How incubators help start-ups become bankable

Business incubators provide support for businesses in the earliest stages of their existence. They provide space for ideas and inventions (the beginning of the business lifecycle) and access to working capital through pooled funds provided by banks, micro-credit financiers, venture capitalists, grants, and guaranteed loan programs. Wisconsin’s StartingBlock Madison and the Start Garden in Grand Rapids, Mich., are two incubators that have created an ecosystem conducive to research and development.

Development work at StartingBlock Madison began in 2014 and it launched in 2017 after completing a $10 million funding drive. The organization’s stated goal is to “cultivate entrepreneurs and build innovative companies,” and to create jobs and stimulate the regional economy. In other words, it’s an entrepreneurial hub and an ecosystem, and it’s situated directly across the street from Wisconsin’s capitol.

Chandra Miller Fienen, director of operations and programs, said StartingBlock Madison and its partners have a strong commitment to diversity and inclusion, social justice, and giving back to the community. That community includes social entrepreneurs as well as scalable start-ups. Jorge Gonzalez, executive director of the Start Garden, like Miller Fienen, finds advantage in aggregating the contributions from banks. It is beneficial to the Start Garden to have created “evergreen funding” instead of one-time contributions; it helps assure access to year-after-year funding.   [Continue]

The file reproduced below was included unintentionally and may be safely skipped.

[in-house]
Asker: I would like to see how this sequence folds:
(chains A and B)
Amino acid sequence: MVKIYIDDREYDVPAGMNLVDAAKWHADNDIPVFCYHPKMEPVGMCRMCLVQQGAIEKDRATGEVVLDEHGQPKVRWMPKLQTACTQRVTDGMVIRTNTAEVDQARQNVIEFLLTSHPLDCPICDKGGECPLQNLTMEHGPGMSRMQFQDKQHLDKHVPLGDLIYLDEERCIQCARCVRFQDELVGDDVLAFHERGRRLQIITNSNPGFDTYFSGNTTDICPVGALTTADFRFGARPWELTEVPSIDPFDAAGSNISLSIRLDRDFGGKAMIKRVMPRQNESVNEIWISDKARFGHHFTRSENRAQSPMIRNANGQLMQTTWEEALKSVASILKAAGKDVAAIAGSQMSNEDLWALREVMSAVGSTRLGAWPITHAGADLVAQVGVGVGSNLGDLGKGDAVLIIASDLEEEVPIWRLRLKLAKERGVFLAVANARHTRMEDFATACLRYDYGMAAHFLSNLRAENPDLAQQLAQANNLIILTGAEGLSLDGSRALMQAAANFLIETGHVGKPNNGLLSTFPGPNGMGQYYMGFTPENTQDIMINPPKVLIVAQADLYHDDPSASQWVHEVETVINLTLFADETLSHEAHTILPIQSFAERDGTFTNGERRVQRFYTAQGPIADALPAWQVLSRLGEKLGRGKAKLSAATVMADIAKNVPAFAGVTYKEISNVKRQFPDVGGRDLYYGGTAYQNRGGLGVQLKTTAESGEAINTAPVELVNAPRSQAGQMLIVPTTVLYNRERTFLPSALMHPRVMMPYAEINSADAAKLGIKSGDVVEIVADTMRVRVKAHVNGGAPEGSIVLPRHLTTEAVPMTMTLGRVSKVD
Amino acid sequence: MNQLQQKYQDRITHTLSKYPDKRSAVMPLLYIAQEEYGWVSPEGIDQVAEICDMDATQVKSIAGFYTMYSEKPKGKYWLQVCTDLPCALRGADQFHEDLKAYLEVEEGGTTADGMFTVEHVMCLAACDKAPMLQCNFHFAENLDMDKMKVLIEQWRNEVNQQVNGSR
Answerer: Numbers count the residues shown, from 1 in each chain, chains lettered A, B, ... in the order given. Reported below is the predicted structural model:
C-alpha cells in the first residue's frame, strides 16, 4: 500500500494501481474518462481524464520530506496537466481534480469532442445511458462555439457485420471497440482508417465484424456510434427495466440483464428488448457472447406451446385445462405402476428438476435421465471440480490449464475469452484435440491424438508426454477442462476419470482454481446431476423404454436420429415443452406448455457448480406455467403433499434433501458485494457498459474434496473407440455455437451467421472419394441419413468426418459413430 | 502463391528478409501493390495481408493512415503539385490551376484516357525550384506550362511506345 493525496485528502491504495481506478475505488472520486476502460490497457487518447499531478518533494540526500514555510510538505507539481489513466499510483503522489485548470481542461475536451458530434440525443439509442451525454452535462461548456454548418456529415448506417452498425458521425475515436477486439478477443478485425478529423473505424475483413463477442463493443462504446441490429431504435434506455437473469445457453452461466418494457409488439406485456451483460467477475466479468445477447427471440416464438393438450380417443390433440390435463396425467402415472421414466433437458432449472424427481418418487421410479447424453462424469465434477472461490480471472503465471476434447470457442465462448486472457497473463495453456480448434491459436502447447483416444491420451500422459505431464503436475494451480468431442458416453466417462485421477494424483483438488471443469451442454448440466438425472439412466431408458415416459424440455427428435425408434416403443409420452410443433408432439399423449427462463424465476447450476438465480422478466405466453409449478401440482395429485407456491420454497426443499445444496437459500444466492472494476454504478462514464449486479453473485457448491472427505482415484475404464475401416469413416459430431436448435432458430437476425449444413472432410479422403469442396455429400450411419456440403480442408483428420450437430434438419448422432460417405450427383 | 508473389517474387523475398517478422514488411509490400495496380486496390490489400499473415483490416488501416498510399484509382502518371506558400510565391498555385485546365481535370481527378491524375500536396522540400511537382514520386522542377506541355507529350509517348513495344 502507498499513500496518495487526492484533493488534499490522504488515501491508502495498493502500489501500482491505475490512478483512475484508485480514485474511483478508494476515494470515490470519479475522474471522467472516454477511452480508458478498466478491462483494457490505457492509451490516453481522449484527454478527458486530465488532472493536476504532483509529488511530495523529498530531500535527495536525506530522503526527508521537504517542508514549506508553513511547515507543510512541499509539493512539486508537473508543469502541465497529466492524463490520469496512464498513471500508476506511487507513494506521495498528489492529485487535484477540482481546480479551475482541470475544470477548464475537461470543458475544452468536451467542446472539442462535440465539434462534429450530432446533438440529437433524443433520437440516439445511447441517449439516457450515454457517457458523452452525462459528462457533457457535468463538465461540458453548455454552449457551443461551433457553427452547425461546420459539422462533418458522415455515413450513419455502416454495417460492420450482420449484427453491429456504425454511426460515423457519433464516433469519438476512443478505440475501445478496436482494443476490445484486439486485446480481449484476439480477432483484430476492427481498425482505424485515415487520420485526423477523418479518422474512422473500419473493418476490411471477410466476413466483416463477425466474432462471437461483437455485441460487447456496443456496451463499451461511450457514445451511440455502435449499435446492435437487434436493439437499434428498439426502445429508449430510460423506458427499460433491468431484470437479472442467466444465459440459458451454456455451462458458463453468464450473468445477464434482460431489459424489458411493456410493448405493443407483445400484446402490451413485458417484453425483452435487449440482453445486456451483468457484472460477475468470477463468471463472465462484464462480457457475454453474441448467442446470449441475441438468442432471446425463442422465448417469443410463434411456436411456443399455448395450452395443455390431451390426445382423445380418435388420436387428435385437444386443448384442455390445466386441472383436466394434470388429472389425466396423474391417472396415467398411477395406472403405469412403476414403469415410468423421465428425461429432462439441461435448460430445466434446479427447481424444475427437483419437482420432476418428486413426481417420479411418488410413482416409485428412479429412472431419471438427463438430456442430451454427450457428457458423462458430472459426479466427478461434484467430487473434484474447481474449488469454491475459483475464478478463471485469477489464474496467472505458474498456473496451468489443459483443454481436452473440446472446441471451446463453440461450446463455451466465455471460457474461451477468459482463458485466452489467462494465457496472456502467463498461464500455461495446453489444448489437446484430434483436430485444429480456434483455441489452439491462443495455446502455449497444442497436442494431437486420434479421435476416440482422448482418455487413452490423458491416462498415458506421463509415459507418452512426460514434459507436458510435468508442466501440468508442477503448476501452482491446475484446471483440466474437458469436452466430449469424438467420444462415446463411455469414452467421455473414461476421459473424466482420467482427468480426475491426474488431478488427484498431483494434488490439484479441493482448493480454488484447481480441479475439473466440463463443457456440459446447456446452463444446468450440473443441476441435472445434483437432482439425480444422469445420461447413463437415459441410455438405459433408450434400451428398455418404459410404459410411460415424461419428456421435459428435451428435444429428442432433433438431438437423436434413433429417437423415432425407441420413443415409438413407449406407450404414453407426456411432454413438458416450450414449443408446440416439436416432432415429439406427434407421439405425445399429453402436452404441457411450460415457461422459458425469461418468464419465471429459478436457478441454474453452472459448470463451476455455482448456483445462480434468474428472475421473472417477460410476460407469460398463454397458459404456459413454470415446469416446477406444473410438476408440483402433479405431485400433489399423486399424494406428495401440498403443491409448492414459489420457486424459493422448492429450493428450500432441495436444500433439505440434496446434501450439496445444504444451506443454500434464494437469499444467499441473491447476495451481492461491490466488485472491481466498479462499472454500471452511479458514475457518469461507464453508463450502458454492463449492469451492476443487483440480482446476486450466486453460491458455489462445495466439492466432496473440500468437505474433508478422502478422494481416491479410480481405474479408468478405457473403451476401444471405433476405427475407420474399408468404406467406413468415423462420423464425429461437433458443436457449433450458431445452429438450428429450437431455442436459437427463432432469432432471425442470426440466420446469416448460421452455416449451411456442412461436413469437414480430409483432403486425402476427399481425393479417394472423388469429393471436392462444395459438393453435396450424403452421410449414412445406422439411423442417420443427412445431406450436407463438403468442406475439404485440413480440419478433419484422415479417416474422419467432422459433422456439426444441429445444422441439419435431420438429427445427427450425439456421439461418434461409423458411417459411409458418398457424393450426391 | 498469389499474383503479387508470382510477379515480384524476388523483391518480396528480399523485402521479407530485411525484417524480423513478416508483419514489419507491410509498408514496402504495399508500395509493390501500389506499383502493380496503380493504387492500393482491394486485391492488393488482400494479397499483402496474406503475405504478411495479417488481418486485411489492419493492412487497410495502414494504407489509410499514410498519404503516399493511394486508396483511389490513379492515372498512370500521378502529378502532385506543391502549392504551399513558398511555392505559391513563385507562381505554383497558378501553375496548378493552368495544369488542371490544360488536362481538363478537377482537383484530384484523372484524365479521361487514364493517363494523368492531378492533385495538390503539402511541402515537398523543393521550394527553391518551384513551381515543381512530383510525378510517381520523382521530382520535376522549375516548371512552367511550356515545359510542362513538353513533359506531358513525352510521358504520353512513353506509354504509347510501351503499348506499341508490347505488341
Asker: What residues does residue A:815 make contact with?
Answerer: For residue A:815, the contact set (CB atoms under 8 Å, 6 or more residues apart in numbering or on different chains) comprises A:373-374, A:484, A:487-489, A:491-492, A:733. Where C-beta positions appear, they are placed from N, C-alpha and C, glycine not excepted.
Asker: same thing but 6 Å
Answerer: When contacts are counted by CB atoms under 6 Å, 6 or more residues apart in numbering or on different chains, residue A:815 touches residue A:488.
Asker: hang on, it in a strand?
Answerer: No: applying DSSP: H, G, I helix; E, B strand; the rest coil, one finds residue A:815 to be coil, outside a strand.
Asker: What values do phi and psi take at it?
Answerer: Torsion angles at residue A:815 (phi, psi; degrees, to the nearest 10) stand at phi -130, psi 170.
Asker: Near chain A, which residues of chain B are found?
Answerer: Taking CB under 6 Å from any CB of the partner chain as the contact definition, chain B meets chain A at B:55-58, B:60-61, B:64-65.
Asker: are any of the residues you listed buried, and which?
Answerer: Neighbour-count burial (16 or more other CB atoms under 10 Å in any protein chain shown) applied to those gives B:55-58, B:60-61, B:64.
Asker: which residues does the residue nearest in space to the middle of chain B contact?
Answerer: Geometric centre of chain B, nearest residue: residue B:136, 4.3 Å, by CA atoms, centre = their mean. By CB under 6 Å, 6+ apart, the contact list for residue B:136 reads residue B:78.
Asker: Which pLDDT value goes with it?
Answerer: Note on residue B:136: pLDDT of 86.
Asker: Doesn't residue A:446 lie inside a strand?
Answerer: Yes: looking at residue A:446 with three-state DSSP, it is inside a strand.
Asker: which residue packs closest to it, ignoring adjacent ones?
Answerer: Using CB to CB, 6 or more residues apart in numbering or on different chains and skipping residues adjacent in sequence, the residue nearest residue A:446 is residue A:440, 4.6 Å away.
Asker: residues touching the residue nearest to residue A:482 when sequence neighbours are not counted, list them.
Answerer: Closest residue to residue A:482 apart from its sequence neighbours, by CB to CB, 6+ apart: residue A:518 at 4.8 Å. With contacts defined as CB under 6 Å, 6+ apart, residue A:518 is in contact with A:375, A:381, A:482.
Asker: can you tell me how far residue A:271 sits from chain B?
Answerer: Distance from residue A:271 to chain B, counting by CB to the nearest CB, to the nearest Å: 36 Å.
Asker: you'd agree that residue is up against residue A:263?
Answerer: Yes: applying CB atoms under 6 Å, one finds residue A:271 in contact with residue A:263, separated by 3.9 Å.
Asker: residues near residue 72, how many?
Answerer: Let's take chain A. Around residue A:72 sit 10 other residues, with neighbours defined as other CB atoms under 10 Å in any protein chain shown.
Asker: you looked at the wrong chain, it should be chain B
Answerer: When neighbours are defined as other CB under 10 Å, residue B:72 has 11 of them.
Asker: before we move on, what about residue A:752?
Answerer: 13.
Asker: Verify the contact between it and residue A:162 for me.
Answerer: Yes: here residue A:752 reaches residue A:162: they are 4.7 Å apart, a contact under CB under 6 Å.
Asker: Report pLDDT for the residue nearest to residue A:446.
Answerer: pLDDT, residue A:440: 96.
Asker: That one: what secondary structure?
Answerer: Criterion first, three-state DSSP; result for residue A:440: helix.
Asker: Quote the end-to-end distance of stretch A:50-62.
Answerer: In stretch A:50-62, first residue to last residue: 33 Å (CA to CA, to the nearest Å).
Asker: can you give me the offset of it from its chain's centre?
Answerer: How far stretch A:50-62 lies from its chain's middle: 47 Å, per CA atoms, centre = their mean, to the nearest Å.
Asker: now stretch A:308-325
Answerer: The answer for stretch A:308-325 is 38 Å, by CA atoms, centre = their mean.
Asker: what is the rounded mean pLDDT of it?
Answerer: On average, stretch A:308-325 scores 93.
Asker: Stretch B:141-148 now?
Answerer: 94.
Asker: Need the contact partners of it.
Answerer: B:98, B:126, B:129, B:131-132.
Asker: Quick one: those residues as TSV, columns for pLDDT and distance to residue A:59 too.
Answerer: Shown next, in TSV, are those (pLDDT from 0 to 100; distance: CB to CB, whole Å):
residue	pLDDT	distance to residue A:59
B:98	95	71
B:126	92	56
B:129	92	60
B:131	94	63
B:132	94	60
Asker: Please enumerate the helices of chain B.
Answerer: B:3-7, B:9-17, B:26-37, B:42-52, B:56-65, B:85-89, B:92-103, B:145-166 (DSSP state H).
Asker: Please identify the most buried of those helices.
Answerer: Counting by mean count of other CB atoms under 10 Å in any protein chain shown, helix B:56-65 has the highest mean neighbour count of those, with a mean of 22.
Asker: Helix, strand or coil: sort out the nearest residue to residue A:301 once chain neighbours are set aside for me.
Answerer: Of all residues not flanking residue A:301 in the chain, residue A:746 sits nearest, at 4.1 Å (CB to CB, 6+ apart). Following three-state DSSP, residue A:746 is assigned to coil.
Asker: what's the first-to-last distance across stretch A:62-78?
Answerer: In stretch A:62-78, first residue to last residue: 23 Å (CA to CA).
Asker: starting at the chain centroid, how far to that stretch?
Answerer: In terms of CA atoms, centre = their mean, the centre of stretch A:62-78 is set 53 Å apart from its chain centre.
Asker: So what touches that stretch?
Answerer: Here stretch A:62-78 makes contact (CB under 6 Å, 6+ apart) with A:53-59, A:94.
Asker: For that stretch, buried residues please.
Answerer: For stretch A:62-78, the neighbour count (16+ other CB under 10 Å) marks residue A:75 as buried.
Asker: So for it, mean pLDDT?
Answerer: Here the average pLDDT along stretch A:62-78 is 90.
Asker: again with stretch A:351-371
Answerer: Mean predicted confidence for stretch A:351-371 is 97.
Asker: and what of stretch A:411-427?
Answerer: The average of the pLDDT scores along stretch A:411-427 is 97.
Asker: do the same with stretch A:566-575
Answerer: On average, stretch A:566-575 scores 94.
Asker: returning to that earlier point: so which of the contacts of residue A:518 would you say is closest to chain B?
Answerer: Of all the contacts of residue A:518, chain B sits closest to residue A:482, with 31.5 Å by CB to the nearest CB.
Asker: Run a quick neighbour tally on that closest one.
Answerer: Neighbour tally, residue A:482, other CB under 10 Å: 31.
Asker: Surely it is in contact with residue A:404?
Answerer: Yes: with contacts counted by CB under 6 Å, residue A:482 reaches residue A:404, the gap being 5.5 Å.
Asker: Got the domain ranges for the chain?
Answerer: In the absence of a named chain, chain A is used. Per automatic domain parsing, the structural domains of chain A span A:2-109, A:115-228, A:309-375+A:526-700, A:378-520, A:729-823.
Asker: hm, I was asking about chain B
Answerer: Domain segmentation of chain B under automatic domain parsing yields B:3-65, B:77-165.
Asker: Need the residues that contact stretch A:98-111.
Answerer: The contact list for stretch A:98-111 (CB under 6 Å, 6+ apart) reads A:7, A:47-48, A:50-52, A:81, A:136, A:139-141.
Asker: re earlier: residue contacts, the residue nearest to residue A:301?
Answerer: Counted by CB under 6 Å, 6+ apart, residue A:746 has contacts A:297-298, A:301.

Refined lending approach attuned to business lifecycles

The best companies in your loan portfolio are likely the ones at capacity, providing stable and predictable return on investment. It doesn’t matter if these firms are large economic enterprises or small mom-n-pop shops — sales and earnings variances are low and businesses experience planned growth with long term stability.

One only needs to look at the business lifecycle model and place a finger firmly on the place where business is at market equilibrium (see graph 1). Your best businesses are at the place on the model that creditworthiness risk algorithms are designed for — the prediction of future trajectory based on a substantial record of past performance. But something is missing. This is not the only phase on the business lifecycle model, and certainly it does not take into account businesses that are at the point of invention, innovation or pre-launch development — which includes research and development activities — nor  does it account for business launch, the period of exponential growth on the way to capacity and equilibrium, nor businesses that are ready for expansion. These six “other” phases are real and they deserve bankers’ attention.

The business lifecycle model is a valuable tool because in its totality, it reminds that the phases of a business’ lifecycle can be identified in discrete and knowable pieces, and that the phases have predictable characteristics. The characteristics of each phase are different, and shouldn’t be measured using the same criteria — if for example, we judge a fish by its ability to climb a tree, the fish will fail every time.